Rent in Saudi skyrockets as developers fall behind
Supply-demand mismatch in Saudi may cause you to pay even more rent for your house and office space. Banque Saudi Fransi’s John Sfakianakis gives us an overview
May 10, 2011 5:20 by kippreport
Asking prices for villas in Riyadh continued their upward climb in H1 2011, leading a general rise in property and land prices across the Kingdom. It is also leading to developers rushing in to fill a widening gap in supply.
Banque Saudi Fransi’s (BSF) H1, 2011 Real Estate Survey showed the average advertised rate of high-demand smaller villas in Riyadh has soared by almost a third in the past year, the most-pronounced price rises in the Kingdom.
Rents for homes and offices steepened most in the Eastern Province, commercial land prices started escalating again in all Saudi districts and residential plots prices extended broad gains, particularly in Jeddah, north Riyadh and Alkhobar.
The survey, conducted from April 2 to April 27 by Saudi authorities, chart out a plan to implement a royal order announced in March to build 500,000 new homes without delay using SR250 billion in funds allocated by the government.
Our estimates show the Saudi housing market needs 1.65 million new units by 2015, or 275,000 new units per year, to meet demands of a population that has doubled in size since 1988 and continues to grow more than 2 percent per year.
POPULATION AND RENT INFLATION
Youth below the age of 30 accounted for almost 60 percent of the Saudi population in 2009 and this group of potential new homebuyers is poised to keep the pressure on Saudi real estate prices. Aside from villas, the going rates for large apartments also gained moderately in H1, particularly in north and east districts of Riyadh, according to the survey, which draws on real estate price data collected on six Saudi cities: Riyadh, Jeddah, Dammam, Alkhobar, Dhahran and Makkah.
The BSF Real Estate Survey is conducted twice a year to gauge trends in the kingdom’s real estate market. Property asking prices were collected from 37 real estate companies and agencies across Saudi Arabia. Given the lack of reliable data on the Saudi property sector, these data should be taken as an indication of the direction and level of asking prices, understanding that great discrepancies exist even within neighborhoods.
Agencies were requested to provide average asking prices for apartments of 120-135 square meters (sq m) (1,292 sq ft-1,453 sq ft) and 135-190 sq m (1,453 sq ft-2045 sq ft) in size, as well as smaller villas spanning 300-400 sq m (3,229 sq ft-4,306 sq ft) and larger villas of 400-700 sq m (4,306 sq ft-7,535 sq ft). Respondents were further asked to give average advertised prices for empty residential and commercial plots of land per sq m (10.8 sq ft) by neighborhood. BSF also gathered data on average office rents charged per sq m, rental rates for apartments and villas, and building material prices. A full breakdown of the survey’s findings is available in Appendix 1-5 at the end of the report.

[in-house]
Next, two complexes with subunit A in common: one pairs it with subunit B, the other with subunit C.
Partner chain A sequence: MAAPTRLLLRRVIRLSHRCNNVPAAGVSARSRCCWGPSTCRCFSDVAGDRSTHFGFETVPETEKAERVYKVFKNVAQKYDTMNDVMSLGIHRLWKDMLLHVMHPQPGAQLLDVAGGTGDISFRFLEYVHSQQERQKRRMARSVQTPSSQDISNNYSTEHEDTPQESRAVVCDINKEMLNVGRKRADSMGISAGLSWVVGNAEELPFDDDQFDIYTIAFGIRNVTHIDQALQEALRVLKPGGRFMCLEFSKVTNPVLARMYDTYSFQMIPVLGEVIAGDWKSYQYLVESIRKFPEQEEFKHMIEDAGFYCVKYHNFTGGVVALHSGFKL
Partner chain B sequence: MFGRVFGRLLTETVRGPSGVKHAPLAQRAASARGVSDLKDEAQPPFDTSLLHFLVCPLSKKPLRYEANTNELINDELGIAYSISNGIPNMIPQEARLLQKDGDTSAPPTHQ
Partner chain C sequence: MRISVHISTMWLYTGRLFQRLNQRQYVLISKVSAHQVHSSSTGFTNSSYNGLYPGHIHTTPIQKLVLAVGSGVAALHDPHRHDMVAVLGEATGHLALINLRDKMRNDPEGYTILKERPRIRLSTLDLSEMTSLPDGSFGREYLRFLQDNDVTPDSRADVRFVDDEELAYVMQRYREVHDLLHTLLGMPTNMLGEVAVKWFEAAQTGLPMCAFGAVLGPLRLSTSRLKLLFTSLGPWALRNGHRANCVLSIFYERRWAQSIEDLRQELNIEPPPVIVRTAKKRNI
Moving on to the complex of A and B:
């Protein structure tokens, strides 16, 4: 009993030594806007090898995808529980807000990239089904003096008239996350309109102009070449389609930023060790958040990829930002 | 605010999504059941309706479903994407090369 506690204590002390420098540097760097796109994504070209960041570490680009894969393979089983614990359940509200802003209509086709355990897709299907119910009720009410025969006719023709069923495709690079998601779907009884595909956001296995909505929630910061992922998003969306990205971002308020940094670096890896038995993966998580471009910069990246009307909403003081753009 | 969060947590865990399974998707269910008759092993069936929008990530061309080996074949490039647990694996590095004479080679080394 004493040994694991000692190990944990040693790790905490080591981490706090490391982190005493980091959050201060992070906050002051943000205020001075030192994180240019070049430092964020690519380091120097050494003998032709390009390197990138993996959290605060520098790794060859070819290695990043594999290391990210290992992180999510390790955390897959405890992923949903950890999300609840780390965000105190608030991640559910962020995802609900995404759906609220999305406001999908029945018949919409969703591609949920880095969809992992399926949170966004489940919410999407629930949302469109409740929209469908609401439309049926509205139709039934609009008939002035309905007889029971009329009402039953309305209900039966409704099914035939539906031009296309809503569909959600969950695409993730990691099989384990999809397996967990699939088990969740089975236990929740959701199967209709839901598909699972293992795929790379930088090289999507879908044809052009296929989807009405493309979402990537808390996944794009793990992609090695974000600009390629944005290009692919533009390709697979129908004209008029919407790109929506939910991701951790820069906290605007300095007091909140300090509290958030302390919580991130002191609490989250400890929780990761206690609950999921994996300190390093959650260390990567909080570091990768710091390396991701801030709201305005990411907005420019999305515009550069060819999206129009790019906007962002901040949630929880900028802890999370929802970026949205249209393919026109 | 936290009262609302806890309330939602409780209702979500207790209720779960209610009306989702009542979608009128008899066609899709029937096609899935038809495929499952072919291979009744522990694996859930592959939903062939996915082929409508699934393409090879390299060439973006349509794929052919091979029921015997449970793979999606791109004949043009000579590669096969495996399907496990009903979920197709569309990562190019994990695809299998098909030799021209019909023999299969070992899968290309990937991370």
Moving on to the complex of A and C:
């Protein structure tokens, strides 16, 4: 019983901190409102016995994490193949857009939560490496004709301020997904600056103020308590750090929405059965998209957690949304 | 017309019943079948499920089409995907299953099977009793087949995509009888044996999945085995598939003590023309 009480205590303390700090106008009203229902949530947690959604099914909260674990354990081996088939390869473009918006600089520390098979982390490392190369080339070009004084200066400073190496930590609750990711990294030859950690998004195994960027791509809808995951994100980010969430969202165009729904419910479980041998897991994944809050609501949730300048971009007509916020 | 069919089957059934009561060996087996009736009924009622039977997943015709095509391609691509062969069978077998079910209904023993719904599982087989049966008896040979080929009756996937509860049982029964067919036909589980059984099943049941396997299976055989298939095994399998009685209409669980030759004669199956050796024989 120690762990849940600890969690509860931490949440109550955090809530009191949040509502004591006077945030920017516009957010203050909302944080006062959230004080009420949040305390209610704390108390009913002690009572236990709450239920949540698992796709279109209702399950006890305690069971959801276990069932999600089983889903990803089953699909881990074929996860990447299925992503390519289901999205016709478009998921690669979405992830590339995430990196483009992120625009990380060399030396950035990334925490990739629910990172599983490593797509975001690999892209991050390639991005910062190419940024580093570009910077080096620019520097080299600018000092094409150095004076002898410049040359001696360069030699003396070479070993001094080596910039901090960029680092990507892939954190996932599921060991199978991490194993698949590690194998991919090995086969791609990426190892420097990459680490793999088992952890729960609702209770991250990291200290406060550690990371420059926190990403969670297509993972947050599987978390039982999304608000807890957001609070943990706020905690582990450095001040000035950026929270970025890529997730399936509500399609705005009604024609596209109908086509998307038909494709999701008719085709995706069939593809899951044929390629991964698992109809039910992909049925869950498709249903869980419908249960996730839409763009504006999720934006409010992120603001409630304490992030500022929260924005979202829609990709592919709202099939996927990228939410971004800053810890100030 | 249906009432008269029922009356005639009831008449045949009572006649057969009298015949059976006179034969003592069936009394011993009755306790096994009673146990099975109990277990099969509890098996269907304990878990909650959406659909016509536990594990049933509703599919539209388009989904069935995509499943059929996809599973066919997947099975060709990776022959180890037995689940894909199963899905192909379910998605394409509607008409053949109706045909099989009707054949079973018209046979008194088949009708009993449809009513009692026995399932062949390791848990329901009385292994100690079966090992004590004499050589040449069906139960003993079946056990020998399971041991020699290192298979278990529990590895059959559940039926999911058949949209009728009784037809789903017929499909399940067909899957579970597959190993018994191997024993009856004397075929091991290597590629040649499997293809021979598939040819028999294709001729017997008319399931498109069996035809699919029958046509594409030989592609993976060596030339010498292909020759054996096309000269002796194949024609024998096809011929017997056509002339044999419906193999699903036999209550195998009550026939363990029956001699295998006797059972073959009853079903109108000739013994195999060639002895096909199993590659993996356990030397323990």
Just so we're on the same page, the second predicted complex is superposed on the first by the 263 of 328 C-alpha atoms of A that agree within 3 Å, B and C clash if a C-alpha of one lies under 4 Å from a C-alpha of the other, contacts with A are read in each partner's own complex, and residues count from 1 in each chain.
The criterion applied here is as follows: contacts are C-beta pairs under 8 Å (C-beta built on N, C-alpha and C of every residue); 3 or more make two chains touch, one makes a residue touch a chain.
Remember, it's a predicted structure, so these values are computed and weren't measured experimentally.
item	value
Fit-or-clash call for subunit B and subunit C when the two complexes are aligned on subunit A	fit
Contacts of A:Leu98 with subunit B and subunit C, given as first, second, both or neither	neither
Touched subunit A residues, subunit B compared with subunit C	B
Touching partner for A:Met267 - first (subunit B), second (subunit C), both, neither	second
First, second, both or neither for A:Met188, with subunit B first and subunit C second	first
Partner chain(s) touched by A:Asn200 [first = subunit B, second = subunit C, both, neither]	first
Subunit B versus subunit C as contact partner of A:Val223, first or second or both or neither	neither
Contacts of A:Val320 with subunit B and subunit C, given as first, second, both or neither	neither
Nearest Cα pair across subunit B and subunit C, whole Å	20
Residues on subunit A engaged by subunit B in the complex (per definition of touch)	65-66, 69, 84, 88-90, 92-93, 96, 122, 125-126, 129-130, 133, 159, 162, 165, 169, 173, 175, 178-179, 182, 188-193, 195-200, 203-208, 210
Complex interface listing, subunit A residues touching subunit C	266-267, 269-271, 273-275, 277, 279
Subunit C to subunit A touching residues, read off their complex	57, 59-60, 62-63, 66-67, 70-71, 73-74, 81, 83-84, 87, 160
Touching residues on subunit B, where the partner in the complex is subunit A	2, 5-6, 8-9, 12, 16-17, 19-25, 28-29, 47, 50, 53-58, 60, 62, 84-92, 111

Saudi families tend to prefer living in villas than in apartments, but affording detached homes has become extremely prohibitive. As a result of this, smaller-sized villas (300-400 sq m) and larger apartments (135- 190 sq m) are the most sought after units for sale in Saudi Arabia’s real estate sector at the moment. These preferences have guided price trends across the country.
In the 12 Saudi districts surveyed by the index, the median asking price of a small villa soared 20.5 percent compared with H2, 2010 to SR1.28 million, with some substantial price discrepancies based on the neighborhood. The sharpest increases in H1 occurred in upscale neighborhoods of north and east Riyadh and north Jeddah, in addition to Alkhobar, the most-expensive city in the Eastern Province. Larger villa (400-700 sq m) asking prices also gained by a median 13.2 percent to SR2.03 million.
Countrywide, the rise in apartment prices was more subdued in H1: Median asking prices for large apartments rose 4.6 percent to SR508.33 billion. Smaller apartments (120-135 sq m) increased in price by a median 1.7 percent compared with H2. The promise of a string of new, state-financed housing projects could lead some Saudis to put off plans to buy homes for a year or two in anticipation that prices may stabilize or fall once new supply enters the market.
SURGE IN PRICES PERSISTS
It has become considerably more expensive to own a villa in Riyadh in the past year. The average asking price of smaller villas in the 31 high-end neighborhoods of north Riyadh has risen by as much as a massive 59.4 percent since H1, 2010 in area C, which includes Al-Sahafa, Al-Ageeg and six other districts. The average price of a North Riyadh villa in this area stood at SR1.7 million compared with SR1.07 million in H1, 2010, and 13.3 percent higher than H2.